We arrived in Bluff Lake, British Columbia at 1:30AM from various places: Roger and I driving 30 hours from Wyoming, Jeremy flying in from California and Dane just finishing up class in Vancouver. We had been talking about it for a while now, applied for the funding from the Instructor Development Fund, but still it had just been this idea: a ski expedition to the Waddington Range in British Columbia, home to some very remote, high peaks and endless miles of glaciers with real hazards.
And now it was here. As we all had a mix of skills in mountaineering, winter and rock climbing, we were excited to bring them all together for this trip with the hope of being able to ski and explore this remote, pristine place.
Before we knew it, we were flying into the mountains with White Saddle Air. We were dropped off on the Dais Glacier, where we quickly set up camp in typical NOLS fashion with our megamid cook shelter, snow-sculpted kitchen and seating area. An evening scouting mission of the Dais Glacier gave us some important information about the current conditions.
The Dais is the first half of the route up Mount Waddington, which we were hoping to climb and then ski down. Within minutes of stepping onto the more featured section of the glacier, we found many shallow bridges over crevasses. As we traveled that afternoon, and a few days later when we scouted the whole route up the Dais, we found an isothermic snow pack and slushy, melting bridges. In other words, not ideal conditions for steep lines and complex glacier travel.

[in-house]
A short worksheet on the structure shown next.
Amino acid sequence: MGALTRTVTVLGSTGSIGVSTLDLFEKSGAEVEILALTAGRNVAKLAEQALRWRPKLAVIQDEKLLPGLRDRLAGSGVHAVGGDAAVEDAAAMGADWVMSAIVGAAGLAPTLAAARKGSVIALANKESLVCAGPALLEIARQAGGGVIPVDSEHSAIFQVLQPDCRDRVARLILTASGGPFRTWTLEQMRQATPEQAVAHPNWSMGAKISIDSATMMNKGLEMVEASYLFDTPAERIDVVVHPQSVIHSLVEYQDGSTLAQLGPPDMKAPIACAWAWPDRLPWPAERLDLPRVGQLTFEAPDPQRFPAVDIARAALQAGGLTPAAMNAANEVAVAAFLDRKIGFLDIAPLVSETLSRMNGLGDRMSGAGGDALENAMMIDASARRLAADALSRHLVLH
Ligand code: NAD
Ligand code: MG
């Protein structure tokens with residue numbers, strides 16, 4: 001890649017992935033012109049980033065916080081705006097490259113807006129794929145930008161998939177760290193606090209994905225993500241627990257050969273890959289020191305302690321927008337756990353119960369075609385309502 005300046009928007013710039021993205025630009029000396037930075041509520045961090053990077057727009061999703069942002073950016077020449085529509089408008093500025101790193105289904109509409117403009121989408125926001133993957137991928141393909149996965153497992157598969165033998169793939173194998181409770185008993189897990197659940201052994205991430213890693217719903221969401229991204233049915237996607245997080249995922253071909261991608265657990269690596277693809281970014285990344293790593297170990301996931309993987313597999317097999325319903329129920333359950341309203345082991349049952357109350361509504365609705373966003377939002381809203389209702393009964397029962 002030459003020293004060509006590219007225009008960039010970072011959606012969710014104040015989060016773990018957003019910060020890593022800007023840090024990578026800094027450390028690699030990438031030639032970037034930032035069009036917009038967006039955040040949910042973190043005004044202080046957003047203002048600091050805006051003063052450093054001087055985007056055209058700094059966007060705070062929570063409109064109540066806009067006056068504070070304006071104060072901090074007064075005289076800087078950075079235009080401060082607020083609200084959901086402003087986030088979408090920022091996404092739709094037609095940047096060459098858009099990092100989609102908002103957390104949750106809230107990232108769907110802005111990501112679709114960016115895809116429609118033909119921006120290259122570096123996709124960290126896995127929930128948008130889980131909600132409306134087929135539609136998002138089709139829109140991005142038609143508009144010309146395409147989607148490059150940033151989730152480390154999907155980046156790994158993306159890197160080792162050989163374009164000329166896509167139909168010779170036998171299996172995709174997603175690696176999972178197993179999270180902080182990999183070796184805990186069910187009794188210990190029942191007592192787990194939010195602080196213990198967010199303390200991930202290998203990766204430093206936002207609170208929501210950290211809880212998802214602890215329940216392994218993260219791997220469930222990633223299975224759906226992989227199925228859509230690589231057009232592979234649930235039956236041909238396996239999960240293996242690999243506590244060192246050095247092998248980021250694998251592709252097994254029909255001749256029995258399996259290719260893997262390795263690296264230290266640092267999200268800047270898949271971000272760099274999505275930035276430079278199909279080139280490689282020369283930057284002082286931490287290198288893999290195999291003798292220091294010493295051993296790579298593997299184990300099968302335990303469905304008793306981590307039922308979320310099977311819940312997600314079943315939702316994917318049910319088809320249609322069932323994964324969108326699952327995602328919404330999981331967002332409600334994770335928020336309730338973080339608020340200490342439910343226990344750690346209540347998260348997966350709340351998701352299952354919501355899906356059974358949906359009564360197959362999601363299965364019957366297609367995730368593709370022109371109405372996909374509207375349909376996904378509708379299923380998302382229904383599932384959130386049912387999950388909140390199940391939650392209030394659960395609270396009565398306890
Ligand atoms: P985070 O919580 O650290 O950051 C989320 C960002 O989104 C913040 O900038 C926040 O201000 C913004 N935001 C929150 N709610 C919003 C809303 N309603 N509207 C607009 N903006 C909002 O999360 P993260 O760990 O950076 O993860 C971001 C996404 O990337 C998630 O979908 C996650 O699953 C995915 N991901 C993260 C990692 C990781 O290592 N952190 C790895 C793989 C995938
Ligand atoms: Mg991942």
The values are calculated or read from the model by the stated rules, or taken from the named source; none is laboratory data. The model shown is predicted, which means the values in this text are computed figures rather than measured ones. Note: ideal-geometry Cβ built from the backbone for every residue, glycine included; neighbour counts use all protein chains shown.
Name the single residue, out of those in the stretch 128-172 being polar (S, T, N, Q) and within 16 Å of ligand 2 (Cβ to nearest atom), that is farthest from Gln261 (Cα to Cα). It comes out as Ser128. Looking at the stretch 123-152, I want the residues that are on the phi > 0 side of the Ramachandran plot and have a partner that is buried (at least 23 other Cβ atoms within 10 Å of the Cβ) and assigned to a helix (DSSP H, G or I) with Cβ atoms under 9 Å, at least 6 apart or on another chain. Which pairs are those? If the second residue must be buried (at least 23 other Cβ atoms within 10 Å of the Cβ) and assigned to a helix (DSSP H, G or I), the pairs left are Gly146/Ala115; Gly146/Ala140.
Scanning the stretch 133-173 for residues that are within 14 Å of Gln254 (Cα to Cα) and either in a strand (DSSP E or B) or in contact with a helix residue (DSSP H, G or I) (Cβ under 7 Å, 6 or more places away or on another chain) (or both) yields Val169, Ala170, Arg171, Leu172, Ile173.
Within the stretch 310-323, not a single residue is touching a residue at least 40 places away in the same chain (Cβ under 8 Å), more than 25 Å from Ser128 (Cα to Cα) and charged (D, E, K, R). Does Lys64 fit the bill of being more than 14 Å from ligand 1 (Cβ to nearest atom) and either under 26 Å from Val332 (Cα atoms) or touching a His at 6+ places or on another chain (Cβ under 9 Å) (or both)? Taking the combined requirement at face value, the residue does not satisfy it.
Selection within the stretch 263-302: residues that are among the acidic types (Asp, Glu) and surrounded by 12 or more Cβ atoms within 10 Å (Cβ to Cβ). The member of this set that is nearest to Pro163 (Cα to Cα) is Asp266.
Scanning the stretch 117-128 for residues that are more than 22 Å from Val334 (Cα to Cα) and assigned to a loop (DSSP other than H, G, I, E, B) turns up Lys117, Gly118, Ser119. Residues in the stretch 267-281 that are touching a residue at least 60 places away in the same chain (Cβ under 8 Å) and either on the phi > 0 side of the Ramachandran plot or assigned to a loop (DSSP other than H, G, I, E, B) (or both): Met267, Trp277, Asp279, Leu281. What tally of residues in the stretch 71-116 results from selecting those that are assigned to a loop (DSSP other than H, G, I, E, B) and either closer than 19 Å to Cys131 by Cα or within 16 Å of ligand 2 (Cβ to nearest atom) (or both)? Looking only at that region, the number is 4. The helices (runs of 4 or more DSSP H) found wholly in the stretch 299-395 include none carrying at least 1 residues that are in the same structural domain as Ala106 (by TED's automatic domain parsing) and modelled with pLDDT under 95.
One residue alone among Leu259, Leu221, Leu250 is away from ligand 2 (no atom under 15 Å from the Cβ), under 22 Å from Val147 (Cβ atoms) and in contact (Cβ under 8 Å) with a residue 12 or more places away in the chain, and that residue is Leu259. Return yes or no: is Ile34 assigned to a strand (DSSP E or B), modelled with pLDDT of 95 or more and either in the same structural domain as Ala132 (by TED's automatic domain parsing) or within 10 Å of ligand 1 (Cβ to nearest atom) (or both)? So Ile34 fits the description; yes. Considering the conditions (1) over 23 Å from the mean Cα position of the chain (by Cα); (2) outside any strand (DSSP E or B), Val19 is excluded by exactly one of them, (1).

Over the course of our nine days there we had lots of opportunities to learn, complex terrain to manage and group decisions to make. Most of these things I will try to demonstrate by explaining a day on our trip.
We woke up at 6:00AM. Conversing tent to tent via the walkie-talkies, we determined it was sunny and time to get going. We set out across the Dais to try and summit Cavalier Peak. Roger led first across the glacier and up the ridge, where we stayed roped with a few cracks to manage. After more ridge travel, we boot packed up the couloir that led to the summit with our skis on our backs. We stopped 100 feet or so short of the summit due to a cornice hazard.
After hitting nice corn snow all the way skiing down, we skinned back across the flat glacier for snacks and a mid afternoon rest. At 5:00pm we set out again and skinned up Regal Dome on the Regal Glacier. This would soon become our go-to run near camp. The perfect evening light hit the slope as we transitioned to ski spring snow all the way back to camp.
Every day we took turns leading, managing crevasse hazards and engaging the group in decisions. In the end, we decided we did not have the right conditions or window of reliable weather to climb and ski Mount Waddington.
We did summit and ski Mount Munday. At 11,010 feet, it was the first mountain climbed in the Waddington Range by the Mundays in 1936. During the trip we used many technical and leadership skills we currently had and applied them to traveling in new terrain.
We will all individually use the experience we gained on NOLS courses as we continue to work. Thanks, NOLS, for helping support us!